Maintaining the Passion in Compassion

Cancer Institutue

UP-PGH Cancer Institute. Photo by Dr. Christian Tagal (UP PGH Rad Onco)


It has been a while since I’ve written an article  -partly because of the work load as a Medical Oncology Fellow at the UP – Philippine General Hospital, but mainly because everytime I try to sit down in the very rare moments of peacefulness my current schedule provides me, I do not know what, why, or how to write. It is as if my endeavour in learning to battle the emperor of all maladies left my body and soul not only scourged, but empty.

I remember before I left Bacolod for fellowship, one of my dear consultants reminded me as I was about to step out of the hospital where I did my residency training, “Fred, I know that you are about to venture into a new field which will give you an abundance of new knowledge, but remember that the most important thing is that we never lose compassion. When we lose it, we lose everything. Never forget that.

I’m treating cancer patients, it’s impossible to lose compassion -these were my thoughts back then. But after long, draining days of seeing patients from different walks of life -people with different masses from different social classes, people whose tragedies became worse because of various herbal remedies, I realized that the discipline can not only lead to compassion fatigue but may even suck the life out of me -sometimes leaving me empty, but happy.

Empty because as I walk into Room 107 (our clinic), I can sense the tension of the different emotions I will be facing for the day which are mainly brought by the wrath cancer has caused an individual, not to mention the pains of parents and spouses seeing their beloved in anguish.  Empty because in filling up your own patients’ emptiness, you give a part of yourself -sometimes just enough, but more often than not, maybe a little too much.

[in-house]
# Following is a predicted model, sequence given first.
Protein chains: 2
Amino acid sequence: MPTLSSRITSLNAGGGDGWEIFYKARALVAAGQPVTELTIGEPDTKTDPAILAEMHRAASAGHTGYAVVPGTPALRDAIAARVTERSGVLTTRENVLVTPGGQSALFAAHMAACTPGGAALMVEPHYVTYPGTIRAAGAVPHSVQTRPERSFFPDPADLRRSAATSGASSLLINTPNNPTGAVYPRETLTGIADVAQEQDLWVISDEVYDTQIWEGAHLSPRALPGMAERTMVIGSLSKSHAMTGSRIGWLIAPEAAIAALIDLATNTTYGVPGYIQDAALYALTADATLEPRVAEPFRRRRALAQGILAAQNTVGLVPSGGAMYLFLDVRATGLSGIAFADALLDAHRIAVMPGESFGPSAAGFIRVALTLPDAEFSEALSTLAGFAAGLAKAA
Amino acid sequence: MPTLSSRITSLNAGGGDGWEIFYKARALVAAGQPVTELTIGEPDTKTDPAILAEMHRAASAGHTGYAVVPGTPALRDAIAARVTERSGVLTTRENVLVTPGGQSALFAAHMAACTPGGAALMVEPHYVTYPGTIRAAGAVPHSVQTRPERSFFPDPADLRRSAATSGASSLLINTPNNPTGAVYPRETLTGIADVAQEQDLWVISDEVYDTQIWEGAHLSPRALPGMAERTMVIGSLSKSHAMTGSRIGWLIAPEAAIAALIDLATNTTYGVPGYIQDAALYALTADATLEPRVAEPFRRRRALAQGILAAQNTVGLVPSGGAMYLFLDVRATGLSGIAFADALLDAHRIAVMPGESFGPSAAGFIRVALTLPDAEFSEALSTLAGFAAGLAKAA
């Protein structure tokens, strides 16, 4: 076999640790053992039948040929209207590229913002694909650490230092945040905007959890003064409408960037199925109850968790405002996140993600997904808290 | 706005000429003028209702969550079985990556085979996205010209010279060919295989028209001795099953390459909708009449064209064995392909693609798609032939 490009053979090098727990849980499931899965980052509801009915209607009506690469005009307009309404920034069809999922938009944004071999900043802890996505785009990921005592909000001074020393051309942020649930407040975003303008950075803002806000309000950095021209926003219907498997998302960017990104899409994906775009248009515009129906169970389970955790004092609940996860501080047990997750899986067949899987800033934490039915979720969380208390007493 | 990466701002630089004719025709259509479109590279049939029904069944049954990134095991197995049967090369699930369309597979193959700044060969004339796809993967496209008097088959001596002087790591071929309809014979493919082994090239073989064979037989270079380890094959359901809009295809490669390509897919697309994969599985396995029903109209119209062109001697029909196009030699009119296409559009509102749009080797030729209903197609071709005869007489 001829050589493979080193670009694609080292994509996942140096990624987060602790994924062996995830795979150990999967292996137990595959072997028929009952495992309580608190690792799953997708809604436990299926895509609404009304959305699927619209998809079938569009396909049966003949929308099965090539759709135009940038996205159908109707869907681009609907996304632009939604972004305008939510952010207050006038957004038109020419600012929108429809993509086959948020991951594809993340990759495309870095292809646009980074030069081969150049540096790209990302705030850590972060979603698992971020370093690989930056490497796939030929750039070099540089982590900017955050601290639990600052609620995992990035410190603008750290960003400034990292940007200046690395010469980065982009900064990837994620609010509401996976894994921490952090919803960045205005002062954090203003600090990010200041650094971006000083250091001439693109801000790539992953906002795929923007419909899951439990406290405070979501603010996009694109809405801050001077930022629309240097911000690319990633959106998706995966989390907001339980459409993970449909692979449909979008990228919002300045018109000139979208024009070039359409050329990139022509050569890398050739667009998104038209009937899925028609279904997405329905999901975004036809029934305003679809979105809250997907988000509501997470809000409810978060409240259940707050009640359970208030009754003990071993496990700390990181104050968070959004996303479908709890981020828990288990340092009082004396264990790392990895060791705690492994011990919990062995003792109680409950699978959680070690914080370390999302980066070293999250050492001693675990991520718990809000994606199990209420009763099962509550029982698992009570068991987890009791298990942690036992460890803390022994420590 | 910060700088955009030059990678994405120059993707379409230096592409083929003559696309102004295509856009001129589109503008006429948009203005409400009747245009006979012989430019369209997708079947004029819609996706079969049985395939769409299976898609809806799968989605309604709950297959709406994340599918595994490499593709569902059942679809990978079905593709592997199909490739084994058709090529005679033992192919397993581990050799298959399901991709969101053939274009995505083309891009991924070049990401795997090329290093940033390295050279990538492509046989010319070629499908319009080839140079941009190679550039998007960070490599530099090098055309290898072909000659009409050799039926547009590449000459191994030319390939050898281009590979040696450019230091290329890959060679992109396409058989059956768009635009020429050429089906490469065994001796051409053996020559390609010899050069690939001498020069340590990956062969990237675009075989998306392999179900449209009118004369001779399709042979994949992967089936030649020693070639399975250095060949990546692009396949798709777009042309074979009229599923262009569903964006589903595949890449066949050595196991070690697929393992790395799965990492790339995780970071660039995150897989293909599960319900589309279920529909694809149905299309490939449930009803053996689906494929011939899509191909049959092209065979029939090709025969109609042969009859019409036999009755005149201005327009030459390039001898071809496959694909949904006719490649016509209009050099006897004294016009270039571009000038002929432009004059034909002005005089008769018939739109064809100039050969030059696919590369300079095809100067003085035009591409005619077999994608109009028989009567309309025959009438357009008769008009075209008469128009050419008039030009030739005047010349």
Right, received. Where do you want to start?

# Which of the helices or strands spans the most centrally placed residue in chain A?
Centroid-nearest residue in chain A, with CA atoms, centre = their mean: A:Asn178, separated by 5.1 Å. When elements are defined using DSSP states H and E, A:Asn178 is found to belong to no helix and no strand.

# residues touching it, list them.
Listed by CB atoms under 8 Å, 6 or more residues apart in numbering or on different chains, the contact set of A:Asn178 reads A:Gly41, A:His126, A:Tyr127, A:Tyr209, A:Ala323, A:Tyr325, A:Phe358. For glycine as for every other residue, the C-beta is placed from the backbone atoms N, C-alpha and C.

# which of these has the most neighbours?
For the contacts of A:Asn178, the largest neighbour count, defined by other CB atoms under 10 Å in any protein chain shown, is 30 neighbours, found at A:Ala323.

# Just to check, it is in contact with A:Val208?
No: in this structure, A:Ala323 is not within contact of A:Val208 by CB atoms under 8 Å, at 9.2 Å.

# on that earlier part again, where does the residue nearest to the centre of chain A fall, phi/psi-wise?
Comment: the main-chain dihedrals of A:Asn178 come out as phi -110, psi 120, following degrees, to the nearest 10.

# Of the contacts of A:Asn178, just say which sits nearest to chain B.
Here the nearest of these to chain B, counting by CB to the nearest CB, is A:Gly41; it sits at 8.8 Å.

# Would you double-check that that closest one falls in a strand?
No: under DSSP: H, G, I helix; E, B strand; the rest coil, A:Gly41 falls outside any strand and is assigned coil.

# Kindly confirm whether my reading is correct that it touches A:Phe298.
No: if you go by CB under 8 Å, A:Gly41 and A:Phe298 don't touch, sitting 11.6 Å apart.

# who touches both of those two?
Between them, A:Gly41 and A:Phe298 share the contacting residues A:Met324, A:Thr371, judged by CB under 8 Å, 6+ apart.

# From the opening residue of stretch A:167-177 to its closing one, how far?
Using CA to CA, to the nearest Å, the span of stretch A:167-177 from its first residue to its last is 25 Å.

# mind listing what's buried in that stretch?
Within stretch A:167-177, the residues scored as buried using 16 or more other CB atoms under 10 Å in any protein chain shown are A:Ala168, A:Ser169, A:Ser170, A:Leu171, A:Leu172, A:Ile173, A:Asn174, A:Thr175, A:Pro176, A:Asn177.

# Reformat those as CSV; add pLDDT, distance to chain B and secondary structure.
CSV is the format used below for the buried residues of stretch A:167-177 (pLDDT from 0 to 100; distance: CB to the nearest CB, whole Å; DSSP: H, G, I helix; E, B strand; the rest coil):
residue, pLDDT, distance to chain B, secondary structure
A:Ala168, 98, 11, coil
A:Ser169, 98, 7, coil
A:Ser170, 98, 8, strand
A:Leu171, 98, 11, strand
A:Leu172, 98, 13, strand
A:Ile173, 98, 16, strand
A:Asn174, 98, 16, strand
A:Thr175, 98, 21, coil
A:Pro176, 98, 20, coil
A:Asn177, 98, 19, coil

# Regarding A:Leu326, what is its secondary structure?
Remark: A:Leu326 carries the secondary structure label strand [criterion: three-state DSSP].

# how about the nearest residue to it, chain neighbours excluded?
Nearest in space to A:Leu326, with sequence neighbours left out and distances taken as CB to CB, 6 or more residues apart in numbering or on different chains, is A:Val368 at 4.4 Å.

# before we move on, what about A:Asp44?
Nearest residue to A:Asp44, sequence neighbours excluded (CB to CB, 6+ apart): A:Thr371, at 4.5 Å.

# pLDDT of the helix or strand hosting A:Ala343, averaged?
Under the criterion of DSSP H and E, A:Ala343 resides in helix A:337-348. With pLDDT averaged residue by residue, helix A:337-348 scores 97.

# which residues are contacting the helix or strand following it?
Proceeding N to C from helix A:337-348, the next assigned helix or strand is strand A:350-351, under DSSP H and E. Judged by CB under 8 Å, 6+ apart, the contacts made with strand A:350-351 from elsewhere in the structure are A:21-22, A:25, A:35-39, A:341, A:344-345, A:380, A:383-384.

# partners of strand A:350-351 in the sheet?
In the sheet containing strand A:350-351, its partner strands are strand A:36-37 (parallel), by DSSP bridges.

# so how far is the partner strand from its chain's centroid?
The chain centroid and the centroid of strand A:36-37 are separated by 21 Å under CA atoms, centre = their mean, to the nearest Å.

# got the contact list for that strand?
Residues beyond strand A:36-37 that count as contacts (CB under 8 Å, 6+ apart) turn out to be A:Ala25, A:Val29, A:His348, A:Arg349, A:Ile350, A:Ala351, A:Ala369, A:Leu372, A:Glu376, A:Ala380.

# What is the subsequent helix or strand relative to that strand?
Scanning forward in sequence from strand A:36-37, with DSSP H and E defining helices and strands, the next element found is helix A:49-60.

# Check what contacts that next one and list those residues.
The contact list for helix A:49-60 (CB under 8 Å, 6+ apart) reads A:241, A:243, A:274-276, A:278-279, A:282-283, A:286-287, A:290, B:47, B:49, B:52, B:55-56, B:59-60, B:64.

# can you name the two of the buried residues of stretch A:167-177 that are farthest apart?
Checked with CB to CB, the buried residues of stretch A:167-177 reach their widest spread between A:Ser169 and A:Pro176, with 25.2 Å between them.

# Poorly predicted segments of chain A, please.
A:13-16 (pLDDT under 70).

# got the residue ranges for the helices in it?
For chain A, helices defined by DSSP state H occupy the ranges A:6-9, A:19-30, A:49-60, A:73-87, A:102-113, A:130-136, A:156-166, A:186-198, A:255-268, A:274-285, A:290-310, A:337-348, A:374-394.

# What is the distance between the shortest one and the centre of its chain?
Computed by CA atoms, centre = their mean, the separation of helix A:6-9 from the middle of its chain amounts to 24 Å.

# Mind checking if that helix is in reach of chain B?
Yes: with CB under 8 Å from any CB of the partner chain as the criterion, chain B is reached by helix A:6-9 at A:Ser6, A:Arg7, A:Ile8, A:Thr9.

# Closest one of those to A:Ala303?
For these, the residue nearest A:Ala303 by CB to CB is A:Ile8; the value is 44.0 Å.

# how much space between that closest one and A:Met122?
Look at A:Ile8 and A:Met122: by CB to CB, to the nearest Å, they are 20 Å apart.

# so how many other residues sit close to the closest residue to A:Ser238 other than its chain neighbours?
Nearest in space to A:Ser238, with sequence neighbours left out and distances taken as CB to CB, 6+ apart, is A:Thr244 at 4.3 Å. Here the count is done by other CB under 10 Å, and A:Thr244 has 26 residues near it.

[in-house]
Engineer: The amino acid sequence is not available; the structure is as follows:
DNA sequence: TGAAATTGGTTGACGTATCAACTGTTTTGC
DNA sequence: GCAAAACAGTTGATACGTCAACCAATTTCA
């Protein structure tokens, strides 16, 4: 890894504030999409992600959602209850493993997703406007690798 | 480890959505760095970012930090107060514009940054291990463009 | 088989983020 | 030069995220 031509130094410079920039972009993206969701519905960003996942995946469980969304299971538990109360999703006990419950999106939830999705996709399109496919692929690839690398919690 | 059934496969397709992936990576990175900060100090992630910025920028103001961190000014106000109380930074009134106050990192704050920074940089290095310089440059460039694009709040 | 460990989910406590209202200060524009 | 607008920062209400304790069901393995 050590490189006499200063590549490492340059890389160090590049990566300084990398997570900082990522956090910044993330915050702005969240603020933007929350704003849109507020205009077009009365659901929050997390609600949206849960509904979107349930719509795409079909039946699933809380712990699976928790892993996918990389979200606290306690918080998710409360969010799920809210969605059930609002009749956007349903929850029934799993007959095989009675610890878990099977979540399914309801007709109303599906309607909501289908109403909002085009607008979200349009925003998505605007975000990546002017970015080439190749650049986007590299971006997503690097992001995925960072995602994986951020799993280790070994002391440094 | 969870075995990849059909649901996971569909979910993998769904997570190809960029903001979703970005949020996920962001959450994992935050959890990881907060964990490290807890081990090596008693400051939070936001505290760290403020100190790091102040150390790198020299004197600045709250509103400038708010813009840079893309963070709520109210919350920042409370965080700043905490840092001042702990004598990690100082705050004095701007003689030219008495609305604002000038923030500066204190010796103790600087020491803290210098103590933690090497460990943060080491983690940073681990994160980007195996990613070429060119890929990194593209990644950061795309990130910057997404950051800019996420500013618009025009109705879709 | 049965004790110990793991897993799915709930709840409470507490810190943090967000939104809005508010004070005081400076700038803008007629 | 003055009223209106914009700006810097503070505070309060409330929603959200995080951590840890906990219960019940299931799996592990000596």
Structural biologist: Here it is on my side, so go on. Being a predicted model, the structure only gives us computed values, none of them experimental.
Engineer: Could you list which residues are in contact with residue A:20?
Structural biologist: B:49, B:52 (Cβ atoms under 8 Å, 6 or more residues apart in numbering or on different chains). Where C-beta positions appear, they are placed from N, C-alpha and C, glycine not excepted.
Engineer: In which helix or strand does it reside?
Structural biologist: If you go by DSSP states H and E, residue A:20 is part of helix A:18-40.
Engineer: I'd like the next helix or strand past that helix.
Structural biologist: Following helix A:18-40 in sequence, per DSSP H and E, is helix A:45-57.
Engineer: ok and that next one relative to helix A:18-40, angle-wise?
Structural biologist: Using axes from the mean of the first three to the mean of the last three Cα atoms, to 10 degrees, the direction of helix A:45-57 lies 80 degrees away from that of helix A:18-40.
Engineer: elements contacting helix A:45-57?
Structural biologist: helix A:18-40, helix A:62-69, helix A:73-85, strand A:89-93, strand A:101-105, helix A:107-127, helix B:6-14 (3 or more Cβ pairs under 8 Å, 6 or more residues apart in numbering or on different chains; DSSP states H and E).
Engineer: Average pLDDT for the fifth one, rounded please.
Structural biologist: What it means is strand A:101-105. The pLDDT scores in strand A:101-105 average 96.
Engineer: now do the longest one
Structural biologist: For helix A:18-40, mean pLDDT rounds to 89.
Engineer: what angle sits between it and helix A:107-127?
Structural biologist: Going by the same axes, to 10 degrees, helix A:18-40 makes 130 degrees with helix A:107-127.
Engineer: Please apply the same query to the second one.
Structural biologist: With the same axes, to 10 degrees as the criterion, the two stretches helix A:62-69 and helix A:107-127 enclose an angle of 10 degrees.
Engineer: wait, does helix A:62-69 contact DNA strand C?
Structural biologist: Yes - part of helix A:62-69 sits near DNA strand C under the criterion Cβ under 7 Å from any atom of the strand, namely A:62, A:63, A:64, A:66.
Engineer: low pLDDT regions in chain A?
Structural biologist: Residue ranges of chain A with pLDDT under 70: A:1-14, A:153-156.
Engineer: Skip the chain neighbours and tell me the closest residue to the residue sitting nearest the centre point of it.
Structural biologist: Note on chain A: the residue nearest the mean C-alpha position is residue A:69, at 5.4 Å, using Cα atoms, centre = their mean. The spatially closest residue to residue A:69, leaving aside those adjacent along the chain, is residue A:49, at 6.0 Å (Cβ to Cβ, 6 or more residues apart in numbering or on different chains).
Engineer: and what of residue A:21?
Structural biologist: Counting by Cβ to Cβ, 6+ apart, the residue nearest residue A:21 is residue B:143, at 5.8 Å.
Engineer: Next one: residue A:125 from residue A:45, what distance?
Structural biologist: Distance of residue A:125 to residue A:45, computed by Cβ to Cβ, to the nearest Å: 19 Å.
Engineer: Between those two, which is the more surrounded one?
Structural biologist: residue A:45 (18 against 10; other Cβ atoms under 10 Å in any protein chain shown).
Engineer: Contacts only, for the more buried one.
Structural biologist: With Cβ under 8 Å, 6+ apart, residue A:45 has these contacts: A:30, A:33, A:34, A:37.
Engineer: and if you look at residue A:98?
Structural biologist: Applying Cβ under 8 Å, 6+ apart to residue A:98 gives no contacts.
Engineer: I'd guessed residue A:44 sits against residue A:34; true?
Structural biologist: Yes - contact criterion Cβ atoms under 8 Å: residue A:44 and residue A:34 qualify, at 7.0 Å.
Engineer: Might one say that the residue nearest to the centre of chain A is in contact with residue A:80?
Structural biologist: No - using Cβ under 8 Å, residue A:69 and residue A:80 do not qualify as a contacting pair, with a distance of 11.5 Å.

But I guess having compassion puts in some happiness. Happy because no matter how many patients showed up at the OPD for consult, we will all be able to finish seeing them with or without their results. Happy because our patients showed up for chemo, even if looking for their charts is like finding Nemo. Happy because no matter how hungry we are while doing consults, we can always go to Norman’s area and get some chicheria. Happy because no matter how devastated our patients get every time we tell them they have a recurrence, they still feel thankful just for our mere presence. Happy because despite the emotions that we encounter on a daily basis -denial, sadness, anger, and even depression, we try our best to make them leave loaded with some hope, a renewed faith, tons of love, and most importantly, the realization that in the battle against the emperor of maladies, family is of utmost priority.

So I think this is what compassion is all about -how we react to the feeling of urgent distress in connection to another person’s agony, with the goal of helping them out through their difficulties. And as the Dalai Lama once said, “Compassion is a necessity, not a luxury.”

May it always be our prayer that we, as the guardians and warriors of health, never tire of maintaining our passion in compassion.